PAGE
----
Risk Assessments

Returning students to placements is not without risk; Covid-19 will be present in some clinical environments and students will therefore be at risk of contracting it.

Fortunately, most medical students are in an age group where their risk of serious illness as a result of Covid 19 is low. There will be some students where their personal circumstances increases their risk and this will need to be carefully managed. The Medical Schools Council has published a document that sets out how medical schools may mitigate these risks on a placement and individual student level.

Read the full statement here.

e-Learning resources and support 

What is CAPSULE and how can I use it?

CAPSULE is an online learning app designed to support UK undergraduate medical student learning. The resource contains 670 clinical cases which are mapped to the GMC’s Outcomes for graduates and linked to more than 3500 questions across 39 disciplines.

The Medical Schools Council is sponsoring CAPSULE for all UK medical schools to use free of charge until March 2021. Should you wish to access this resource, please contact your medical school. 

For content queries or corrections please contact capsule.support@bsms.ac.uk.

What is Speaking Clinically and how can I use it?

Speaking Clinically is a video archive of patients talking openly about their medical conditions. It can be used as a teaching aid or for self-directed study.

The Medical Schools Council is sponsoring access to Speaking Clinically for UK medical schools. Should you wish to use the resource, please contact your medical school to request access.

Volunteering 

What guidance is provided for medical students volunteering in the NHS?

The Medical Schools Council has set out expectations on volunteering for employers, medical schools and students. 

This document refers to volunteering roles suitable for medical students with some clinical experience, in roles that utilise their knowledge and skills above and beyond those that may be offered by non medical student volunteers. It refers to paid, structured part-time work that students may volunteer to undertake.

Before volunteering, you must remember that your first priority should be your continuing education. You must not jeopardise your readiness to qualify in the future by taking on too many additional responsibilities.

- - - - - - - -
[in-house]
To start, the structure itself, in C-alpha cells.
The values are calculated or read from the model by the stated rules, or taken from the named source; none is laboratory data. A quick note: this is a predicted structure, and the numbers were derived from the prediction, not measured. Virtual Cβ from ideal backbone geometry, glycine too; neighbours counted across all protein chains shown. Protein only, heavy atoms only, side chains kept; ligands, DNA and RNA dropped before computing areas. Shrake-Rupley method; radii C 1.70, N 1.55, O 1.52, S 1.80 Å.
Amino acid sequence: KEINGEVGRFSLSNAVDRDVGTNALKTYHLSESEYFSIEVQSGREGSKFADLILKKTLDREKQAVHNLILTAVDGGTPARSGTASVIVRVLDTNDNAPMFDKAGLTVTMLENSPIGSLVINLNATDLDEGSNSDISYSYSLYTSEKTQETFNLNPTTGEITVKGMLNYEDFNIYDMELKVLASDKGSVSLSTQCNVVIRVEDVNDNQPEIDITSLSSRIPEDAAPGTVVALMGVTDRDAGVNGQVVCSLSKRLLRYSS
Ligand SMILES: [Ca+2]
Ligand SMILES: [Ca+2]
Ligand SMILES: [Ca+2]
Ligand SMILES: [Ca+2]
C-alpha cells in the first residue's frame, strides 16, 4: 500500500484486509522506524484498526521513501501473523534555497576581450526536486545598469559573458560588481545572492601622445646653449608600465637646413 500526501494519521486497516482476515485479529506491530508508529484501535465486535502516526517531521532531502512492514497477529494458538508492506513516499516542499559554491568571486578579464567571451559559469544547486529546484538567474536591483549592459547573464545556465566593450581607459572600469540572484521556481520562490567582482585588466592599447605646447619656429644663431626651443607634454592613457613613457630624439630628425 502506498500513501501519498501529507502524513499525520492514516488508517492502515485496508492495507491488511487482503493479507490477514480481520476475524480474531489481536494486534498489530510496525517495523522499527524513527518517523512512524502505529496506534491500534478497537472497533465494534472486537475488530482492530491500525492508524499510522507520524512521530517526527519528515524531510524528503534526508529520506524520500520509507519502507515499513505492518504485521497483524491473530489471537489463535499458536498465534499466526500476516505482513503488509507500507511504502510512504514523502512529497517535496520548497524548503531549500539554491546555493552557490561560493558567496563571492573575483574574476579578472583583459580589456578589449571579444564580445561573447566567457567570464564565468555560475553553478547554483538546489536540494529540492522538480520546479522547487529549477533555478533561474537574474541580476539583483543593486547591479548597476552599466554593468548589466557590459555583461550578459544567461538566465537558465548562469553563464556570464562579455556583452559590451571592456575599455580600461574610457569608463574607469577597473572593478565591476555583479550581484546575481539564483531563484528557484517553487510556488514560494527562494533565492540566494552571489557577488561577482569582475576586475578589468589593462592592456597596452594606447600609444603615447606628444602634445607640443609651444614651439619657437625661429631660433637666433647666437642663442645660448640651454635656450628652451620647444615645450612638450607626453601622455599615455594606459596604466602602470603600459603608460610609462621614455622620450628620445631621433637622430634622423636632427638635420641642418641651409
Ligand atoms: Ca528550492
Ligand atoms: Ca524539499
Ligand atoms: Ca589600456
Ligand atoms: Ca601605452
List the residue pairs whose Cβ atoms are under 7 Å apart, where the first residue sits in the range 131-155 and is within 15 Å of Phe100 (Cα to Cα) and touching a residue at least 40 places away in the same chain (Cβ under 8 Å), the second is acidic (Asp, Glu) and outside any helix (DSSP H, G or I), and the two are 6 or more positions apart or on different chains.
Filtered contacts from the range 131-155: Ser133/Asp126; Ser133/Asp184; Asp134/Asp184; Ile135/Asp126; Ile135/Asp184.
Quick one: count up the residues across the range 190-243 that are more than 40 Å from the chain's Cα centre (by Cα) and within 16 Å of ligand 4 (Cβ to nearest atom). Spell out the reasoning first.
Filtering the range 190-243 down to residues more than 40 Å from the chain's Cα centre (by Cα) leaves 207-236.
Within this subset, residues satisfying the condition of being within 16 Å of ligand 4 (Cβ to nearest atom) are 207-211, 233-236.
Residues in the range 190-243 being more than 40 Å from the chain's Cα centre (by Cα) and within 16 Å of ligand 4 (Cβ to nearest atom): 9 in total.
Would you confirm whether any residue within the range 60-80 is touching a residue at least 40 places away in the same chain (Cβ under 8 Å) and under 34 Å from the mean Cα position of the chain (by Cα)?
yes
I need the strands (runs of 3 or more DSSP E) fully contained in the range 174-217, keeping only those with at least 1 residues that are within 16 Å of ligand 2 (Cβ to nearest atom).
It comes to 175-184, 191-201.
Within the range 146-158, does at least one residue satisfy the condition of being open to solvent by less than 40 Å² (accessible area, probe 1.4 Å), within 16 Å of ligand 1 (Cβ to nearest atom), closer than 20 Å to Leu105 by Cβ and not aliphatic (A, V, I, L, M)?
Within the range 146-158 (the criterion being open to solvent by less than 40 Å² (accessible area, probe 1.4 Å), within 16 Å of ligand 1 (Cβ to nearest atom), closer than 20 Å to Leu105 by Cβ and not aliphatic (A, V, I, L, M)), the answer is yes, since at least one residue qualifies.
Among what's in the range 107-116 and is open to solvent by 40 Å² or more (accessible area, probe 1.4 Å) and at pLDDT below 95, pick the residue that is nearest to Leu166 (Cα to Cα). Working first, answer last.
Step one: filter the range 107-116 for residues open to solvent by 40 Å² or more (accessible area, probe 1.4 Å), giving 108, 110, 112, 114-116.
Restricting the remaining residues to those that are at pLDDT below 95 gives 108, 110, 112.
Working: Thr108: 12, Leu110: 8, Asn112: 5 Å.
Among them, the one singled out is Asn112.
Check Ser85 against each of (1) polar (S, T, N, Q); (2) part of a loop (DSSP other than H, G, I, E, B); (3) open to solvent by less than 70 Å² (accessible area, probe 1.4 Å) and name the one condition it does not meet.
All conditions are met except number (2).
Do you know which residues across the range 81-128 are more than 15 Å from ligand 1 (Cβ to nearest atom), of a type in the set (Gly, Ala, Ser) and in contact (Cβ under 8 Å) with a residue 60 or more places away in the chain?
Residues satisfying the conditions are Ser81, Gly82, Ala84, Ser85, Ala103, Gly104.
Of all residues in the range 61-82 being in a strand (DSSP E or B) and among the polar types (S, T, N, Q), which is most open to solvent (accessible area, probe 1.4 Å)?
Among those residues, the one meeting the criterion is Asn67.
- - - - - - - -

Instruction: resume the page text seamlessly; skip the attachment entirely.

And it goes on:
If you want to volunteer within the NHS, you must be supervised to be safe and act within your competence at all times. Arrangements should be made locally, and employers should give you relevant induction, equipment and support. 

Where can I find non-medical volunteering opportunities?

Should you wish to volunteer in a non-medical role, there are many student groups facilitating volunteering opportunities in the community

Looking after your health

Should I attend placements if I am unwell?

No. Like the wider profession, it is particularly important to look after your own mental and physical health during the pandemic. This means not attending placements if you’re unwell and self-isolating in line with national advice. This is particularly important in clinical settings, where patient safety should always be your first priority.

I have a pre-existing condition that places me at increased risk of infection whilst on placement. What should I do?

If you have pre-existing health conditions that place you at increased risk of infection, you should discuss this with your medical school or local education provider.

How can medical students take care of their mental and physical health during the pandemic?

Your usual routine may have been disrupted by the pandemic, which might make you feel stressed and anxious. As a medical student, you will be adjusting to spending increasing amounts of time staying at home. You may also be experiencing difficult feelings related to what you have seen whilst working in the NHS. This makes it particularly important that you manage your own wellbeing and seek support if needed. 

The following links provide sources of support and advice: